Any comments are welcome!

    • Michael C. Fidler April 11, 2019, 0:27

      Two points I made in the comments about this article under Lisa Kaltenegger (Cornell University) “Shaping the TESS Target List”.

      1. It looks like our nearby Red/M Dwarf exoplanets may not be all that bad after all! The UV levels may be significantly lower then all the doomsayers make it out to be. The possibility that some type of biofluorescence from the UV flaring could also create a photosynthesis process that another recent paper says was to low, because of only low power infrared rays from M Dwarfs. With these planets tidally locked the biofluorescence plant life may be near high noon where the UV radiations is strongest and animal life may be closer to the terminator were the atmosphere filters out the hasher radiations.

      2. Or the other possibility, that a biofluorescence jungle could exist on the red dwarf facing side with plenty of animal life living beneath it in the shade… ;-})

      The problem is, that in most comments we look at the earth as the prime example, but G type dwarfs are more then 20 times less common then M Dwarfs! My intuitive thoughts are seriously looking at our early lifeforms, in animals (Insects) and plants even fish, were somehow brought to earth via panspermia from exoplanets around M Dwarfs
      systems. We will most likely see a wide variety of atmospheric gases because of these life forms ability to adapt to different suns and planets but will be most common and easiest to identify in the Red/M Dwarf systems. So the prediction is that in ten years the results while show an overpowering percentage of life’s biomarkers will be found around these miniscule Red Dwarf Systems. ;-})

  • Bruce D. Mayfield April 10, 2019, 13:46

    There is another way to block or at least significantly decrease harmful radiation on a young planet: Have the remnants of the planetary accretion disk block such irradiation. Much of the harmful radiation from young stars might not even reach the top of a young planet’s atmosphere!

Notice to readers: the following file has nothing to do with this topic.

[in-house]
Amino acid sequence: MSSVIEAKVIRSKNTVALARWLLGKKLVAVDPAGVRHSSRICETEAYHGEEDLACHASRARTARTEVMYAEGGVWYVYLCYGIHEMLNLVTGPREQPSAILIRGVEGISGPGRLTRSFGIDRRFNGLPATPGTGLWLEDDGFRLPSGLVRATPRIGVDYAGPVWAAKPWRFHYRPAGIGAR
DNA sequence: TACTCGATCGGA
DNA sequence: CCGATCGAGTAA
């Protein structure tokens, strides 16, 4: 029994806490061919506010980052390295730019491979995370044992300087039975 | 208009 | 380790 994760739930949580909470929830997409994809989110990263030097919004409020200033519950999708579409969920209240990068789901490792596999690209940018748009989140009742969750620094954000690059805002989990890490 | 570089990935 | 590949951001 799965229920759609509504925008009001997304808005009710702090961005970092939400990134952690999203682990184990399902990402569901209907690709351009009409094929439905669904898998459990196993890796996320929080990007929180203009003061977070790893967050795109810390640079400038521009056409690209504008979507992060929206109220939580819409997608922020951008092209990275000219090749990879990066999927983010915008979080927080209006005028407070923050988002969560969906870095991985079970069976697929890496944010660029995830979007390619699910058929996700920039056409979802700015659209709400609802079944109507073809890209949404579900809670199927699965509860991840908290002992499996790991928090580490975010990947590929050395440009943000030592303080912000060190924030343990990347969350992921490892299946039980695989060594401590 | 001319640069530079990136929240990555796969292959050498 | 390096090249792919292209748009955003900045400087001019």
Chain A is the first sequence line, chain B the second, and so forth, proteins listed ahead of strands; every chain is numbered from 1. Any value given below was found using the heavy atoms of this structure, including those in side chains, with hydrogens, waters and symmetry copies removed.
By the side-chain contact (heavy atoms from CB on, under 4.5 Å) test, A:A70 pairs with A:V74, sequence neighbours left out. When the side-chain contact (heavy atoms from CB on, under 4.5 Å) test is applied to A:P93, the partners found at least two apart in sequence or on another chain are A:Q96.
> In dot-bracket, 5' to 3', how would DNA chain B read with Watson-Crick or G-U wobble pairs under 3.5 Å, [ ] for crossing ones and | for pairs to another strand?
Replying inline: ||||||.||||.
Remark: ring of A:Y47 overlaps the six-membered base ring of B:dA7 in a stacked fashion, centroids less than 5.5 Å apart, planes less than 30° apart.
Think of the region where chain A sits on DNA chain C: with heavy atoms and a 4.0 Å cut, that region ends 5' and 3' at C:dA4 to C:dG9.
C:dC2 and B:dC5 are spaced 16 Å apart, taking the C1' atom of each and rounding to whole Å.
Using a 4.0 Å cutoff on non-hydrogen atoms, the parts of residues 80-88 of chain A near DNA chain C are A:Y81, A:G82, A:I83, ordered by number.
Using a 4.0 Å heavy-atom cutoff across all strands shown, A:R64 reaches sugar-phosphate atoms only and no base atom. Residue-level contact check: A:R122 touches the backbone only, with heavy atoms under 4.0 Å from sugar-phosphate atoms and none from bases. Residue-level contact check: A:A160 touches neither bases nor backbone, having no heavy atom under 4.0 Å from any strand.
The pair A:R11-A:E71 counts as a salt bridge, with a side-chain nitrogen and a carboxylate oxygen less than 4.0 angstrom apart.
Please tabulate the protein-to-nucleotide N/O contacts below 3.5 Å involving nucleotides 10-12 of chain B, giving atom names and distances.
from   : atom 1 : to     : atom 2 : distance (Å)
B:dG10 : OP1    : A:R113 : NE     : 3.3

• H. Floyd April 10, 2019, 16:58

    Tantalizing! The “Purple Earth Hypothesis” speculates that archaic terrestrial life reflected hostile conditions that were the norm on Earth from roughly 3 a.m. to 6 p.m. of our planet’s condensed Cosmic Day:


    If so, optical biosignatures we’d associate with Earth’s contemporary biosphere — shades of green — aren’t evolved for optimal efficiency so much as they were lucky improvisations in marginal niches, on an already marginally survivable world. Our earliest common ancestor would have moved through the Great Filter between simple and complex cellular reproduction clad in secondhand photosynthetic chemistry. Not because green is ideal, but because no one else was using it at the time.

    If so, simple biosignatures may be fairly predictable — maybe fluorescents, purples and pinks — while optical biosignatures of complex life in the universe could be wildly counterintuitive.

    • H. Floyd April 10, 2019, 22:17

      * One of our early common ancestors would

  • Rob Flores April 10, 2019, 17:35

    Yes radiolaris is tough, no one is arguing that red dwarf systems are barren. Because of the metabolic cost of being constantly under Repair, life on a planet in the HZ of a red dwarf on the surface is unlikely to be complex. I grant that burrowing creatures could develop but can they live close enough to surface to use oxygen. Being able to develop the equivalent of ATP is crucial for complexity and oxygen is its most efficient companion.